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Working Paper

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Ewa Batyra acknowledges funding from the Center for Demographic Studies: Juan de la Cierva Individual Fellowship (FJC2019-040652-I), GLOBFAM (RTI2018-096730-B-I00) and MINEQ (H2020-ERC-2020-STG-GA-948557-MINEQ). Luca Maria Pesando acknowledges support from the School of Arts at McGill University and the Insight Development Grant (Fund #: 430-2021-00147) awarded by the Social Sciences and Humanities Research (SSHRC) Council of Canada (PI: Pesando).


Child marriage is associated with adverse outcomes related to women’s wellbeing. To curb child marriage, many countries introduced laws that ban child marriage, and a growing number of studies evaluated their impact. Scant research focused on instances where countries lowered the legal minimum age at marriage, even though such “reverse policies” could result in stalled progress in eradicating child marriage, thus threatening the achievement of the Sustainable Development Goals. Using visualization techniques, regression analysis and a series of robustness checks, we document changes in the prevalence of child marriage in Mali where, with the introduction of the Family Code in 2011, the minimum age at marriage of 18 was lowered to 16 years. Following 2011, the prevalence of child marriage has been progressively increasing among women with no education or living in communities characterized by low local development: while child marriage prevalence was 59% for the last cohort of women who were subject to the minimum age at marriage of 18, it increased to 79% among the youngest cohort of women who were legally allowed to marry at age 16. Repealing existing provisions that aim to protect girls can have adverse consequences on the most vulnerable strata of society and can contribute to increasing socioeconomic inequalities in child marriage even further.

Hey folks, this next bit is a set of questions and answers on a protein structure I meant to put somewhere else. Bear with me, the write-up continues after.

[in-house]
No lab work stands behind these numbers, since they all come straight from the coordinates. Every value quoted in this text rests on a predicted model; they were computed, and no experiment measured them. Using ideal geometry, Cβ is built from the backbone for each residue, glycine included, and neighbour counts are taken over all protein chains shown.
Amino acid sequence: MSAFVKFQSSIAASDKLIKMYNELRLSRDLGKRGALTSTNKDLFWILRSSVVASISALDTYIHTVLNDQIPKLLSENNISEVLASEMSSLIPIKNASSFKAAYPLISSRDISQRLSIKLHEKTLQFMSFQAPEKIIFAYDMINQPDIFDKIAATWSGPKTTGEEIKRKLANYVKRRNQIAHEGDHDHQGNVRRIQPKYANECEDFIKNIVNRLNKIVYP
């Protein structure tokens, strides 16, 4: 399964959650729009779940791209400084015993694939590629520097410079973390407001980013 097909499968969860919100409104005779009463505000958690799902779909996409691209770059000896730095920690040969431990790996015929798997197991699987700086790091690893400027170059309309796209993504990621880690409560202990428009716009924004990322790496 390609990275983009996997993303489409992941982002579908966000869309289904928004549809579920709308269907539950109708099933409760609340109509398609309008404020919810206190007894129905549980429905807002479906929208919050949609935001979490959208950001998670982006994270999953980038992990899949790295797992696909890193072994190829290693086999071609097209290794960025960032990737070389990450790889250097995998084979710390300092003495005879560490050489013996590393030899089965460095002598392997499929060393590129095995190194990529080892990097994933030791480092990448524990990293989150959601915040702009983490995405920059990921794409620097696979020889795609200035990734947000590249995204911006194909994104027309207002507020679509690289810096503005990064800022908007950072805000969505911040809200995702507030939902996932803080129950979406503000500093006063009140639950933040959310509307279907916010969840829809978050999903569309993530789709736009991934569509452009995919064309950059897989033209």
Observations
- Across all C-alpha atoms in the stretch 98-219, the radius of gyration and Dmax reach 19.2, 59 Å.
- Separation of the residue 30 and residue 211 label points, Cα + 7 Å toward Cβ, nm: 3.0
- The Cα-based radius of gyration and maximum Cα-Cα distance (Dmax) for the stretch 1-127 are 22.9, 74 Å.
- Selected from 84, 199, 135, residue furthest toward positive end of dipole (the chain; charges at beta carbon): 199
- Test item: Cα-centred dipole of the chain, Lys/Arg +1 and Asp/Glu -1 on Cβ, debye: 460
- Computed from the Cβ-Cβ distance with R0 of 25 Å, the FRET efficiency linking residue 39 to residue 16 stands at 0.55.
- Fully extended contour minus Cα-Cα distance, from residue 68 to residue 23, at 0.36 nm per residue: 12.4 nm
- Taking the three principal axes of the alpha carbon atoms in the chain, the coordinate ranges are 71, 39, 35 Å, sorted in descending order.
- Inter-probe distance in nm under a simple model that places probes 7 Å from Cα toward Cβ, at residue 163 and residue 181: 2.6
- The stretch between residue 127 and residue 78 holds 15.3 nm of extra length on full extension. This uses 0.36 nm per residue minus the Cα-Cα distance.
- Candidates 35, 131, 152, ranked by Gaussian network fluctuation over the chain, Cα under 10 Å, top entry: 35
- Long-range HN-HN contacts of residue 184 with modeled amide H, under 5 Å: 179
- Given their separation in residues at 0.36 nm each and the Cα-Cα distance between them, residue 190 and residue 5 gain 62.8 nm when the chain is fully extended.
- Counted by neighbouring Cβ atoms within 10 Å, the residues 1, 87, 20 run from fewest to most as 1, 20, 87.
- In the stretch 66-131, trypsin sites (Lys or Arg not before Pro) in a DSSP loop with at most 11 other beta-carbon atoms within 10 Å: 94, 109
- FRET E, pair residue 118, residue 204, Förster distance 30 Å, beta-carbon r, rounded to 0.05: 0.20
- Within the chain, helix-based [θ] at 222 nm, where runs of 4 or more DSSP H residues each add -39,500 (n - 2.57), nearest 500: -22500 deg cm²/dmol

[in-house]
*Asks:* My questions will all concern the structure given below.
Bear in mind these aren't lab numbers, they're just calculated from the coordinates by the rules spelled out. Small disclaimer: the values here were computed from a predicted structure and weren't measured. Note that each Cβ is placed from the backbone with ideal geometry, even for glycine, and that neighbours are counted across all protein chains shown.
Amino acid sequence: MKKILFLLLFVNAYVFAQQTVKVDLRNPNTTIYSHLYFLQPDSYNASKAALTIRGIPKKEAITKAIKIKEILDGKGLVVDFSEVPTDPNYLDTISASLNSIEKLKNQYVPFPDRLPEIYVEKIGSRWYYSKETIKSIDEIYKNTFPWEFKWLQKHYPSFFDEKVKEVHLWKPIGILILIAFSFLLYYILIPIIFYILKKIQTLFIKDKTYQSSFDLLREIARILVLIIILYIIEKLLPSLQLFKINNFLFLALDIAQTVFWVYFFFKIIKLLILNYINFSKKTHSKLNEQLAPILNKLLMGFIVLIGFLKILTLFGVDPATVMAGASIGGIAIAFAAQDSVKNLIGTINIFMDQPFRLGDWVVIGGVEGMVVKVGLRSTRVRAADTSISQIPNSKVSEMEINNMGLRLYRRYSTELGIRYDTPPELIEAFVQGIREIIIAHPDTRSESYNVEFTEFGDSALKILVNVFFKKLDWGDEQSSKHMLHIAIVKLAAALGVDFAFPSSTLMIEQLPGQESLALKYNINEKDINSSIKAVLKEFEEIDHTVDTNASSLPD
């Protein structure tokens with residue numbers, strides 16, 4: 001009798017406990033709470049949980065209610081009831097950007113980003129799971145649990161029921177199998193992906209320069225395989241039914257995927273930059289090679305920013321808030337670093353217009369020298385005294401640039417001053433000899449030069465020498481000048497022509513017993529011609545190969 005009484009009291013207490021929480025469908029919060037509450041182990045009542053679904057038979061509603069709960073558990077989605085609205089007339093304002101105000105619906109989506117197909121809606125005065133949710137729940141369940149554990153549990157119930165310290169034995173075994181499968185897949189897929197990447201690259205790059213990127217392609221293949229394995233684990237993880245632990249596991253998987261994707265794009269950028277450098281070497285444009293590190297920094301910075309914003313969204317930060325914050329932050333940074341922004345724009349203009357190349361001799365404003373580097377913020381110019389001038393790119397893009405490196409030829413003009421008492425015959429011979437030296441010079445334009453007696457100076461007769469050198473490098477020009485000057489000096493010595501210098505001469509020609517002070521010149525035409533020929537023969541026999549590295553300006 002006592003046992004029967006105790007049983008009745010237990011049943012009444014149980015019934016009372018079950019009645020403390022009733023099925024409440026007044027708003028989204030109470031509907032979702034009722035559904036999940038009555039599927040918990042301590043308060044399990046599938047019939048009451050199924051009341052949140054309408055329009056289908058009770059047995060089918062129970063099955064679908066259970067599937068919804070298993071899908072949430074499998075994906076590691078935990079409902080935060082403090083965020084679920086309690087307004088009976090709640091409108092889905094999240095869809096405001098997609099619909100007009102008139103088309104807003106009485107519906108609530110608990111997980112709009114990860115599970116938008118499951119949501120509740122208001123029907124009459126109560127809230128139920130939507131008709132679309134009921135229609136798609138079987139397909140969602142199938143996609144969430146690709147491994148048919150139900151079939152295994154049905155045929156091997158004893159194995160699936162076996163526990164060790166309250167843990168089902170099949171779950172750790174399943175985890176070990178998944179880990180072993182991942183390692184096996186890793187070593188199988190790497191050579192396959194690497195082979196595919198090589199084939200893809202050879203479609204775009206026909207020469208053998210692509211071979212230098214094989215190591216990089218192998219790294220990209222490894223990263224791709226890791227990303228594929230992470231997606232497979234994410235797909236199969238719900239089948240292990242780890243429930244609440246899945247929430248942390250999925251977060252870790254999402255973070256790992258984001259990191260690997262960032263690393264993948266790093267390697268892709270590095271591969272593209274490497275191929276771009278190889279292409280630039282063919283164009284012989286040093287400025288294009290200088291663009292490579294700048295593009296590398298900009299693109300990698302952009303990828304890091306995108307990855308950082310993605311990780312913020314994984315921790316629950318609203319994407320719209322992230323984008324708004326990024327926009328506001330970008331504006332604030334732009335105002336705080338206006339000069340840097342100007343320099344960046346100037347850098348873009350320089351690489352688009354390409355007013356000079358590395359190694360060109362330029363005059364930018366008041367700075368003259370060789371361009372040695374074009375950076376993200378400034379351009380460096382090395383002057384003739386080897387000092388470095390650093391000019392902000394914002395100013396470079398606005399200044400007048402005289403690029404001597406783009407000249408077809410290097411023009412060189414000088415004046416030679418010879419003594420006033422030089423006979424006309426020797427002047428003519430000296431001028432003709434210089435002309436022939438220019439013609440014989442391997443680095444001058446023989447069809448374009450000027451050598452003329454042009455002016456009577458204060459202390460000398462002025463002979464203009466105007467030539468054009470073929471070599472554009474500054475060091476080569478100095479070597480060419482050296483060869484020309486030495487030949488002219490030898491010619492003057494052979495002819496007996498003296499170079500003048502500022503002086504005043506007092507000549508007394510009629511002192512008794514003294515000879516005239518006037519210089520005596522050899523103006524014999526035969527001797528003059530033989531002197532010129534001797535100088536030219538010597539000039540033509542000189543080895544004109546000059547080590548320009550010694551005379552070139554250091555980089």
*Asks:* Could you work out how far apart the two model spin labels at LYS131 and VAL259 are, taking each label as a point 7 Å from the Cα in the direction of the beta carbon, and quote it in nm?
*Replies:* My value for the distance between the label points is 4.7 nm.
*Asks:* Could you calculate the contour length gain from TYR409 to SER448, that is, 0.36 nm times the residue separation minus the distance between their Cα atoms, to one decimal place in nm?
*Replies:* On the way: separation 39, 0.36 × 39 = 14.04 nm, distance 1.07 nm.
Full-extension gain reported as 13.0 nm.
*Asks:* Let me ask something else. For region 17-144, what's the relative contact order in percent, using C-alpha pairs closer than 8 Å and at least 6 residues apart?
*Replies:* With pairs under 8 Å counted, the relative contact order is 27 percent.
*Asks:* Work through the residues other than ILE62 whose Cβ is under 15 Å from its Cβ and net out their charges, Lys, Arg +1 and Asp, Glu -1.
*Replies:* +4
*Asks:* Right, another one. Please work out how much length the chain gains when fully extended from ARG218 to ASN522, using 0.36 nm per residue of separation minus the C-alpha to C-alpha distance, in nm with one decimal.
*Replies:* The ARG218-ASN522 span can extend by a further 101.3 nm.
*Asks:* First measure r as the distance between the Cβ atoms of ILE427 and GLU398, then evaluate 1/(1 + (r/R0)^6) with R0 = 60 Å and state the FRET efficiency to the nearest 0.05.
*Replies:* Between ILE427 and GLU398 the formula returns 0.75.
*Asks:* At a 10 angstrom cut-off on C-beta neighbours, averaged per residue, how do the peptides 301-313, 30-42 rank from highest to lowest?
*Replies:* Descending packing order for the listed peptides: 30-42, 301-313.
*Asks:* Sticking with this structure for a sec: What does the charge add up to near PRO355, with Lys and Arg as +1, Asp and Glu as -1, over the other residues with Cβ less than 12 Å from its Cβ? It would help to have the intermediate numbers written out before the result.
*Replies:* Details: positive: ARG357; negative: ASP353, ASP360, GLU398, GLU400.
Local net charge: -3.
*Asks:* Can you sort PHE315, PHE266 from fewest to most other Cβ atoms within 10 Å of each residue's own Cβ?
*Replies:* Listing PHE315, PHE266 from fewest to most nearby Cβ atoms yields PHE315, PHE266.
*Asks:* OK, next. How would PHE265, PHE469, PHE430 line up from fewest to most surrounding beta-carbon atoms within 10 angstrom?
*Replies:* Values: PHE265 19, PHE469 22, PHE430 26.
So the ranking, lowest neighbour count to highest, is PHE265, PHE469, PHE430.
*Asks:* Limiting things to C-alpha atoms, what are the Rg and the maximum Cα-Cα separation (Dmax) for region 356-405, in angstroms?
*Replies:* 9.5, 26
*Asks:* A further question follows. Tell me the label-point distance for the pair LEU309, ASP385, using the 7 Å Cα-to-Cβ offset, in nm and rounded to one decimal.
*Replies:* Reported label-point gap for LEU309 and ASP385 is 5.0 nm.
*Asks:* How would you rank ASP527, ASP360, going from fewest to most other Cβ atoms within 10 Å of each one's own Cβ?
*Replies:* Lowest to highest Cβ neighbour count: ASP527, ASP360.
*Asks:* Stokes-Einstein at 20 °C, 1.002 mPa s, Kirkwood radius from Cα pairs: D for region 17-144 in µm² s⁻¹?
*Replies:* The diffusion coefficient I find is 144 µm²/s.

child marriage, policies and laws, education, SDGs, Mali



Date Posted: 03 May 2022